Can education resolve nursing shortage in China?

Sheila Rodgers, Junhong Zhu, Kath Melia

Research output: Contribution to journalArticlepeer-review

Abstract / Description of output

The paper aims to understand how the Chinese nursing education and recruitment policy impacts nurses to leave nursing practice. There is a lack of feasible strategies to maintain a sustainable effective nursing workforce with an increasing trend of nurses' leaving clinical care. In its efforts to resolve the nursing shortage, the Chinese government currently emphasizes expanding nursing education while controlling staffing ratios. This qualitative research design was based on the framework of symbolic interactionism. The in-depth interviews with 19 nurses who have left the nursing practice were theoretically sampled from one provincial capital city in China. The core category "Mismatched Expectations: Individual vs. Organization" emerged from five subcategories, which illustrates how the mismatched individual and organizational expectations of nursing were created through nurses educational and employment processes within the Chinese health care system. When the individual and organizational expectations of nursing are highly mismatched, there is a risk that highly educated nurses will leave nursing practice. Students should be enabled to have realistic expectations of nursing, and new graduates need sufficient supports to adapt to the health care environment without losing their vision of nursing for future.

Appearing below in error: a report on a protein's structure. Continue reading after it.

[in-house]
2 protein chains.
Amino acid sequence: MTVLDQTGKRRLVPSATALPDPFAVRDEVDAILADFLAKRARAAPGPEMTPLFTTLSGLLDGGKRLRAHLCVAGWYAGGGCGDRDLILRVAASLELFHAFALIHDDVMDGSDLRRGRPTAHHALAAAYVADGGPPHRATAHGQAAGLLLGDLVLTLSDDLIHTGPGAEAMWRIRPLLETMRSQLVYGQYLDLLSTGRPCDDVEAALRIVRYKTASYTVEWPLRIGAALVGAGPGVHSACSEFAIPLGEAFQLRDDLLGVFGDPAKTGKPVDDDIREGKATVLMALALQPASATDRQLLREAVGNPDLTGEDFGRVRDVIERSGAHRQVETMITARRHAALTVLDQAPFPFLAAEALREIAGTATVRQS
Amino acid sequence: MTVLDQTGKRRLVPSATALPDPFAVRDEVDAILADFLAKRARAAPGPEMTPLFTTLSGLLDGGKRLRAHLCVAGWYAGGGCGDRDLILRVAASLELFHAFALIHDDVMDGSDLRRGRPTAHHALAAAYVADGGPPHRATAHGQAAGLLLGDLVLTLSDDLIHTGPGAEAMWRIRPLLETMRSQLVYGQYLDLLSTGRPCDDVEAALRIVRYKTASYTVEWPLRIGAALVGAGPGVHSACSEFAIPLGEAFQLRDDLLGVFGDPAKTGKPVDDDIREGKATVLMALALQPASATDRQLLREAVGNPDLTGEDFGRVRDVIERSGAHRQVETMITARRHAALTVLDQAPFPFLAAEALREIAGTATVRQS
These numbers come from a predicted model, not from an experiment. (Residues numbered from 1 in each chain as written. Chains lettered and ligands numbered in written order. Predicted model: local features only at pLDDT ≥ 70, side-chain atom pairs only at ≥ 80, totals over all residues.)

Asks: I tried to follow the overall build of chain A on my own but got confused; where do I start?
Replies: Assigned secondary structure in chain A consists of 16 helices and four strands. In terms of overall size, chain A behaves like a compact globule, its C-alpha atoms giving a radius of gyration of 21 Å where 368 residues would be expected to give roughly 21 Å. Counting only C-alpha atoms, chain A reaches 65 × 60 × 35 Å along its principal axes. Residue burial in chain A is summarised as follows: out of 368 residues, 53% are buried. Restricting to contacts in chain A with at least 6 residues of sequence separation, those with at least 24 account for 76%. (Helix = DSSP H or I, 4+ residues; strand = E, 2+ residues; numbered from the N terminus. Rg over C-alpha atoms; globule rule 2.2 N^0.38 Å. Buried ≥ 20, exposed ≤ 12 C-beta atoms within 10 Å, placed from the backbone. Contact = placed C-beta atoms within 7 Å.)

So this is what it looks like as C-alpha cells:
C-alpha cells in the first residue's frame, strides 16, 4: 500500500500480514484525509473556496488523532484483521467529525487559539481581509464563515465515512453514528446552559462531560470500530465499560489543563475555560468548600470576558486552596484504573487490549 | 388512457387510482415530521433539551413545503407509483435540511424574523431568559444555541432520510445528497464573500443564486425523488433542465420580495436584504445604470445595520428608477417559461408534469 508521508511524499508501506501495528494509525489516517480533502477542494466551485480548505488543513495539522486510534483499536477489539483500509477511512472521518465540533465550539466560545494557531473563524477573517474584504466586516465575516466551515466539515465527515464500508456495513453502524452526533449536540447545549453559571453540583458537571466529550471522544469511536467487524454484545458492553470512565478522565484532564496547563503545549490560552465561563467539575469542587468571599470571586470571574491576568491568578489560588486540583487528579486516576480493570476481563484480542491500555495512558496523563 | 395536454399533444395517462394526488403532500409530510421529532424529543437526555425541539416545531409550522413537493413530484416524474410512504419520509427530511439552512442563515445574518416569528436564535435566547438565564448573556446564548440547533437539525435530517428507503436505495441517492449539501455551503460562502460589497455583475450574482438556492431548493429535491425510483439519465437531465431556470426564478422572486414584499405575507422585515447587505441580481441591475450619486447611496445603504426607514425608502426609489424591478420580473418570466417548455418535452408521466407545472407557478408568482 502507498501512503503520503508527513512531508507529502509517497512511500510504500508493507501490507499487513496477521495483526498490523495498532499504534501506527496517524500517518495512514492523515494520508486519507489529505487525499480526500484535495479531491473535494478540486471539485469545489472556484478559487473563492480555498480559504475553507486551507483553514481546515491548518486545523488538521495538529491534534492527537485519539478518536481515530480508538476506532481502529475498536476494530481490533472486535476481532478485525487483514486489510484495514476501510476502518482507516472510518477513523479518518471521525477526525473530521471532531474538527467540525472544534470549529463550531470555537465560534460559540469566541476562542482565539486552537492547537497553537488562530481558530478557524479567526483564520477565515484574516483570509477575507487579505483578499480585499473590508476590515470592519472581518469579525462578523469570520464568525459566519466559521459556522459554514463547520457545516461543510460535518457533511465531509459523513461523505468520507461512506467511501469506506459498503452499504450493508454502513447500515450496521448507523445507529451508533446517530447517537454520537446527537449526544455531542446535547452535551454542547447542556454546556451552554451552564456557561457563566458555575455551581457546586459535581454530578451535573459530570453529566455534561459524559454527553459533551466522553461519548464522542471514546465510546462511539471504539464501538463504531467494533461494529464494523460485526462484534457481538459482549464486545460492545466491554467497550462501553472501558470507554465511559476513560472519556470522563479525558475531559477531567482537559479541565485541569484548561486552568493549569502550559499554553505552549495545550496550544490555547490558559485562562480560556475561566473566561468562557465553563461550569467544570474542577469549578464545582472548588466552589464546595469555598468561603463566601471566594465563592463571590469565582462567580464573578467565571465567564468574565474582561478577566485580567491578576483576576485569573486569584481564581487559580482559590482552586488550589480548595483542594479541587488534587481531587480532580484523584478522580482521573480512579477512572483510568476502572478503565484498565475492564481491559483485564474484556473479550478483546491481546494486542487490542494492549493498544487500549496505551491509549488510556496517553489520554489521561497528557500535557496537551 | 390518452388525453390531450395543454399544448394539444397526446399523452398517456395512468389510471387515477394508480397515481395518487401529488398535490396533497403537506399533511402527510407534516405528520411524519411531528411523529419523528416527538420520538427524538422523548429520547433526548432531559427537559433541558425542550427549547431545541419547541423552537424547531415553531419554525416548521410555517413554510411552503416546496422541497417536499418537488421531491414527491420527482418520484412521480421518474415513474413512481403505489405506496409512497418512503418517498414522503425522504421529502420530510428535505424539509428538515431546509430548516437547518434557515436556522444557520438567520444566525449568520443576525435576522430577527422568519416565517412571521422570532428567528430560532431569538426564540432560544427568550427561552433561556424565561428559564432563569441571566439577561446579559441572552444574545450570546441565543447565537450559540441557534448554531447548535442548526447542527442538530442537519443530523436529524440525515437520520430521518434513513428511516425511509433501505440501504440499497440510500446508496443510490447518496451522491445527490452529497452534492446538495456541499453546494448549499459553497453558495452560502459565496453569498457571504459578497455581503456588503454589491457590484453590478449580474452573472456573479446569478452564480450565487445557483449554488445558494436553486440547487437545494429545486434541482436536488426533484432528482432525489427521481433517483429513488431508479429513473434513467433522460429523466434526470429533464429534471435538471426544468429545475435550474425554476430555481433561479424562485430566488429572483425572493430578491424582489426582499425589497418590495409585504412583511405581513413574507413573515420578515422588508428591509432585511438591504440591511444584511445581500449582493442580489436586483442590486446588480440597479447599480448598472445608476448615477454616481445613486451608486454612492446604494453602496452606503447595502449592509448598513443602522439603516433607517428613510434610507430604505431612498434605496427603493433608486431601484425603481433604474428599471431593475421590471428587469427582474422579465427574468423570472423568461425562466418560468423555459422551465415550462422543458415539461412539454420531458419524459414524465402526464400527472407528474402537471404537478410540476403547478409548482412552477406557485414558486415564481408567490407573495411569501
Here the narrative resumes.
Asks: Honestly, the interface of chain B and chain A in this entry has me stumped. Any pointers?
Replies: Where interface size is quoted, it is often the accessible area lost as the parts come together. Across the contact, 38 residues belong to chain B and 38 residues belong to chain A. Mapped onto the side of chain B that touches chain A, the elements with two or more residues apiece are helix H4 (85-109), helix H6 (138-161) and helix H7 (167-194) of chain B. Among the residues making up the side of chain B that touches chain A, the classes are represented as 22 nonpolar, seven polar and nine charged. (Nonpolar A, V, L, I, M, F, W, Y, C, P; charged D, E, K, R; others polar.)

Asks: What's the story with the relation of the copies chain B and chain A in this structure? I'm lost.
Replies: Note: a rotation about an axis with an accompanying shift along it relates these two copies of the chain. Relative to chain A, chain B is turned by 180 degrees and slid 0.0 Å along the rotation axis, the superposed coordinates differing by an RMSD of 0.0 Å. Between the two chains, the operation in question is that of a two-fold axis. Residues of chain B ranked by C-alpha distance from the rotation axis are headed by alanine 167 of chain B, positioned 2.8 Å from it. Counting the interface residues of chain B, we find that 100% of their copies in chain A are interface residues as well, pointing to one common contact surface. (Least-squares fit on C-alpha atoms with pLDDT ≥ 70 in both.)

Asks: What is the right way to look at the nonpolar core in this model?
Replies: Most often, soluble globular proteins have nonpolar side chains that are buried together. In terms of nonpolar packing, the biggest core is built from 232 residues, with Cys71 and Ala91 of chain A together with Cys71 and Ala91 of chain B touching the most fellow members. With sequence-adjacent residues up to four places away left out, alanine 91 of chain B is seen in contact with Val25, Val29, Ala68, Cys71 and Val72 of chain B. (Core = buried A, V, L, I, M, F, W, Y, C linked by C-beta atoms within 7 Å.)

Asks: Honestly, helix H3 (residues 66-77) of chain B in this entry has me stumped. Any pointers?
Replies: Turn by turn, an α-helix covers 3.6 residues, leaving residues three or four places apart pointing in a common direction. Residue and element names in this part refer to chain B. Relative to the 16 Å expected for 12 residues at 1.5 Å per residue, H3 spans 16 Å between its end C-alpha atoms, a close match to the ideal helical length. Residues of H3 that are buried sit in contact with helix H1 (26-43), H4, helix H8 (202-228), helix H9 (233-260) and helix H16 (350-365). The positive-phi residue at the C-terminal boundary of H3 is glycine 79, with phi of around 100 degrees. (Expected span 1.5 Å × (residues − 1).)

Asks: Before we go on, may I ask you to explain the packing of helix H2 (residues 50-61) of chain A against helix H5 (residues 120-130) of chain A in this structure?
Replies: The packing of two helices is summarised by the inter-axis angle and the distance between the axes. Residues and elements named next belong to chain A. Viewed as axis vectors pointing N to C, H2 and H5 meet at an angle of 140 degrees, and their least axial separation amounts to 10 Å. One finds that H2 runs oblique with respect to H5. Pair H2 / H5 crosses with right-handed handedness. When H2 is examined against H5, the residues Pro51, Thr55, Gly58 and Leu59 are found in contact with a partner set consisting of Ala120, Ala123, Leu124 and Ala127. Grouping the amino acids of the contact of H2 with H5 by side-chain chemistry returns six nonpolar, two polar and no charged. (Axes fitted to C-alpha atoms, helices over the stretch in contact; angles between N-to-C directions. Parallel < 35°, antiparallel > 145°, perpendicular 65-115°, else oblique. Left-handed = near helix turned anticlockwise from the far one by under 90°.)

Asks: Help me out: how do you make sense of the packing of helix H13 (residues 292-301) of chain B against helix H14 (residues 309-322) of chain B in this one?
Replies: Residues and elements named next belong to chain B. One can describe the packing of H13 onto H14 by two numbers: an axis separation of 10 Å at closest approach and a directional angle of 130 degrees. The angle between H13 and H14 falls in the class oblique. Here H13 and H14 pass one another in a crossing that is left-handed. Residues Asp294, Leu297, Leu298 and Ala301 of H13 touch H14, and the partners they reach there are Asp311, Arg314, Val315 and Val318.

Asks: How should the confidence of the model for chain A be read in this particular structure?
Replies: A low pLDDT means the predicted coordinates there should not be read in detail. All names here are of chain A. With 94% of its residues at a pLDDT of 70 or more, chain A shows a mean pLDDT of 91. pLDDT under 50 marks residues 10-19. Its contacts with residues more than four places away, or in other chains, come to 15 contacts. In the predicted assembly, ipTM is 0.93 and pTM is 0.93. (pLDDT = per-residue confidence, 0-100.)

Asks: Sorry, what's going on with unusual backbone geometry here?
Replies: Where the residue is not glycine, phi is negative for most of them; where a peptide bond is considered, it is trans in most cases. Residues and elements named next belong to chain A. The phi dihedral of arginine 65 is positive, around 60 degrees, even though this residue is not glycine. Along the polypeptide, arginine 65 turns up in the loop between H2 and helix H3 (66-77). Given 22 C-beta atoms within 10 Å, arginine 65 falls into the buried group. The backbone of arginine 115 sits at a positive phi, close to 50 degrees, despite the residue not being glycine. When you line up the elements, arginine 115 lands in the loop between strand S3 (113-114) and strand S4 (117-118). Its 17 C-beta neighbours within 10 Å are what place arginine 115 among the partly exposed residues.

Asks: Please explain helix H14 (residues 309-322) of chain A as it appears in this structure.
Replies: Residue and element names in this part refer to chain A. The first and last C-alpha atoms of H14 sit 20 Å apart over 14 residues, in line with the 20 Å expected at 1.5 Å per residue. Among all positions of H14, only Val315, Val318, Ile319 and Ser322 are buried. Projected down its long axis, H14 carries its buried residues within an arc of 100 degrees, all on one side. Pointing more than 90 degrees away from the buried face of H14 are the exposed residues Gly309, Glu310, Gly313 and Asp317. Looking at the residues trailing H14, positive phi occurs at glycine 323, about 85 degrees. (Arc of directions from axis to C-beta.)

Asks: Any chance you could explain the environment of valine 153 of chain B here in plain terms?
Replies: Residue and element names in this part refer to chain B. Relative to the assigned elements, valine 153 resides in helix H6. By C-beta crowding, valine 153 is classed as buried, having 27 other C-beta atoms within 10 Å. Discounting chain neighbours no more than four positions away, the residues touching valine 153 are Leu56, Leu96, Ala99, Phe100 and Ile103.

Original languageEnglish
Pages (from-to)177-190
Number of pages23
JournalAthens Journal of Health
Volume2
Issue number3
Publication statusPublished - Sept 2015

Keywords / Materials (for Non-textual outputs)

  • China
  • recruitment
  • nursing education
  • nursing shortage

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